I was from my youth somewhat sober, and inclined rather to melancholy than the contrary extreme; but do not remember anything of conviction of sin, worthy of remark, till I was, I believe, about seven or eight years of age. Then I became concerned for my soul, and terrified at the thoughts of death, and was driven to the performance of duties: but it appeared a melancholy business, that destroyed my eagerness for play. And though, alas! this religious concern was but short-lived, I sometimes attended secret prayer; and thus lived at "ease in Zion, without God in the world," and without much concern, as I remember, till I was above thirteen years of age. But some time in the winter 1732, I was roused out of carnal security, by I scarce know what means at first; but was much excited by the prevailing of a mortal sickness in Haddam. I was frequent, constant, and somewhat fervent in duties; and took delight in reading, especially Mr. Janeway's Token for Children. I felt sometimes much melted [drowned] in duties, and took great delight in the performance of them; and I sometimes hoped that I was converted, or at least in a good and hopeful way for heaven and happiness, not knowing what conversion was. The Spirit of God at this time proceeded far with me; I was remarkably dead to the world, and my thoughts were almost wholly employed about my soul's concerns; and I may indeed say, "Almost I was persuaded to be a Christian." I was also exceedingly distressed and melancholy at the death of my mother, in March, 1732. But afterwards my religious concern began to decline, and by degrees I fell back into a considerable degree of security, though I still attended secret prayer.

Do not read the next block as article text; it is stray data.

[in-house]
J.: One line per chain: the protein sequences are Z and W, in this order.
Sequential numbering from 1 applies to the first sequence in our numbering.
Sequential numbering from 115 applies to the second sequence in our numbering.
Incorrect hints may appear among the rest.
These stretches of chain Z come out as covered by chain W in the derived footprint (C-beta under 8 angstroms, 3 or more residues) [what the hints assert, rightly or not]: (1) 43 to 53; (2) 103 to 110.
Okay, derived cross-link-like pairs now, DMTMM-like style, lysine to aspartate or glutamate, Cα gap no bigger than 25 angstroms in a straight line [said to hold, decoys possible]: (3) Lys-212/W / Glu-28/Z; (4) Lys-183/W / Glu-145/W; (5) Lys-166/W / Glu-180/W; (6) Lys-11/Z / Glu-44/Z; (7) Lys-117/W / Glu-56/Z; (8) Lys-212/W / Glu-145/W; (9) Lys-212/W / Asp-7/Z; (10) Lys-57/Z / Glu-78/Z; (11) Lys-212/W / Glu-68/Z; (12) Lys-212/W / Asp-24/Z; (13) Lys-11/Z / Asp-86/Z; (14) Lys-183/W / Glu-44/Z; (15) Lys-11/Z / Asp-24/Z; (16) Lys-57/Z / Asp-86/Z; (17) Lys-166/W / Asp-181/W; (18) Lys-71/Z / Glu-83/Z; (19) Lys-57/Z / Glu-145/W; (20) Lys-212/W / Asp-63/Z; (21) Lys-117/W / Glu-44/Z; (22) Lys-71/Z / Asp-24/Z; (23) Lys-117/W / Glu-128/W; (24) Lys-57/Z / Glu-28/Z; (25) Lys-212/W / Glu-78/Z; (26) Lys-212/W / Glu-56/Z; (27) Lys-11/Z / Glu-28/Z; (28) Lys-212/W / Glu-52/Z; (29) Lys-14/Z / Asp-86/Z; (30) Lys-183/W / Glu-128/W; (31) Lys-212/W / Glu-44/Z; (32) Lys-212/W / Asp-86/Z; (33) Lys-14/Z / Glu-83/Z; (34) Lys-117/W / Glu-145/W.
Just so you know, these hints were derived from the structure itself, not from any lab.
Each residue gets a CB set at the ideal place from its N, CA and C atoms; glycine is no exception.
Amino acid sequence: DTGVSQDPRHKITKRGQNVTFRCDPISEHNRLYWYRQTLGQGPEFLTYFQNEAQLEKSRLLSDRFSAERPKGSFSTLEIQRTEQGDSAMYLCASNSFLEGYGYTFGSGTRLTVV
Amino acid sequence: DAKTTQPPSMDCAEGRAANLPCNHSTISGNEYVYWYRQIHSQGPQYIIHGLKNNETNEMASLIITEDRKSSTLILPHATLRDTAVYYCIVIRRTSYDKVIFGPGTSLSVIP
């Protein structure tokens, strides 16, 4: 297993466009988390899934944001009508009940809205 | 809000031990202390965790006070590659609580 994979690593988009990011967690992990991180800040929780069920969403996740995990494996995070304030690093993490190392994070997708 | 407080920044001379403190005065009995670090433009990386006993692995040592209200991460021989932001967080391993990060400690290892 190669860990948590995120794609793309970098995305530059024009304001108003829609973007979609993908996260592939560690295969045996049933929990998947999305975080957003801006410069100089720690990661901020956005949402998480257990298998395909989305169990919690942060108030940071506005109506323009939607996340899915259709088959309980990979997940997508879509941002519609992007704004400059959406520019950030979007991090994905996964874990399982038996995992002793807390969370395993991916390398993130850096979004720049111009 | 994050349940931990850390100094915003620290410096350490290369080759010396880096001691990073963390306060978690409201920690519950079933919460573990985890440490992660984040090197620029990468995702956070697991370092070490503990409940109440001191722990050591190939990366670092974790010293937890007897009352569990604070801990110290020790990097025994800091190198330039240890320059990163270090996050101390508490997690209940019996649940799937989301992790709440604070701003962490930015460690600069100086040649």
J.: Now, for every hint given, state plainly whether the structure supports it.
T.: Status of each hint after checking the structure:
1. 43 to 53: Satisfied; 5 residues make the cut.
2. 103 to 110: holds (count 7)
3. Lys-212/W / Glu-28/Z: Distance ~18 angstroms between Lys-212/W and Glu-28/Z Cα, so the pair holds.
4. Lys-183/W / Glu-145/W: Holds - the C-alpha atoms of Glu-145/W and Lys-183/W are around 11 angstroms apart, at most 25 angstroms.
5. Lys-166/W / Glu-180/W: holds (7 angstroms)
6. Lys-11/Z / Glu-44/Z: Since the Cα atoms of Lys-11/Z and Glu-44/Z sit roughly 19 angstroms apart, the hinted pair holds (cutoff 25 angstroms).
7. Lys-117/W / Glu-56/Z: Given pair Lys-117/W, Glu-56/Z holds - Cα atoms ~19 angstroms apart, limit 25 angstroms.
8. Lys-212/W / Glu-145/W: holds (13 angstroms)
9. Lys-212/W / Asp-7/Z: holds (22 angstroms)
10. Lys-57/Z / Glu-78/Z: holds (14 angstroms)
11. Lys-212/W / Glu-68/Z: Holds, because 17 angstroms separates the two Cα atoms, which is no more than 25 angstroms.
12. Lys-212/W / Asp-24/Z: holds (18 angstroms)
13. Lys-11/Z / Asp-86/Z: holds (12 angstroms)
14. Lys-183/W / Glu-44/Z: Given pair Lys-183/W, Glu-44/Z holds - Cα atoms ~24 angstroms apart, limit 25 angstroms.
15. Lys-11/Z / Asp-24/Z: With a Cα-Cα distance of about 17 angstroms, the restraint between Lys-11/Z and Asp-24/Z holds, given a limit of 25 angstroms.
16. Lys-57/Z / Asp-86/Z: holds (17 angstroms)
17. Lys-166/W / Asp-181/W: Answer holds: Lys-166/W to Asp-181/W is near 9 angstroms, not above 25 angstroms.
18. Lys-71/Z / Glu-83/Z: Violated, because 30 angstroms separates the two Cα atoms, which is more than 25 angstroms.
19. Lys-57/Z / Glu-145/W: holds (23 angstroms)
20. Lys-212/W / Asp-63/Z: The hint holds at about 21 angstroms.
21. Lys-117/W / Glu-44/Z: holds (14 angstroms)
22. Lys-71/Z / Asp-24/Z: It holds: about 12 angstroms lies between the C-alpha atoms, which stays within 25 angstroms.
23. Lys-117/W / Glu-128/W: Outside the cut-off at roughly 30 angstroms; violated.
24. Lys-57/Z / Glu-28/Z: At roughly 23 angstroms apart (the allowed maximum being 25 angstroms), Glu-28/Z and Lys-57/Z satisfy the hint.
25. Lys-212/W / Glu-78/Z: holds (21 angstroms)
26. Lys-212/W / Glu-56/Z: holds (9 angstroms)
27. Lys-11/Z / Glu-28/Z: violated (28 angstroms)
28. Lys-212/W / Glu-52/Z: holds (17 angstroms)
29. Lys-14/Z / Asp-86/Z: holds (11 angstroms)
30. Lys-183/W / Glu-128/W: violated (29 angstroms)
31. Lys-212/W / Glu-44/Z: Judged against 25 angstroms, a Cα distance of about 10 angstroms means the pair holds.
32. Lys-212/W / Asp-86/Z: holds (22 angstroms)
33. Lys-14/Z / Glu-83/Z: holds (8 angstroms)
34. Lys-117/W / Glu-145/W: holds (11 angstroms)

About the 15th of April, 1733, I removed from my father's house to East Haddam, where I spent four years; but still "without God in the world," though, for the most part, I went a round of secret duty. I was not much addicted to young company, or frolicking, as it is called, but this I know, that when I did go into such company, I never returned with so good a conscience as when I went; it always added new guilt, made me afraid to come to the throne of grace, and spoiled those good frames I was wont sometimes to please myself with. But, alas! all my good frames were but self-righteousness, not founded on a desire for the glory of God.

About the latter end of April, 1737, being full nineteen years of age, I removed to Durham, to work on my farm, and so continued about one year; frequently longing, from a natural inclination, after a liberal education. When about twenty years of age, I applied myself to study; and was now engaged more than ever in the duties of religion. I became very strict, and watchful over my thoughts, words, and actions; and thought I must be sober indeed, because I designed to devote myself to the ministry; and imagined I did dedicate myself to the Lord.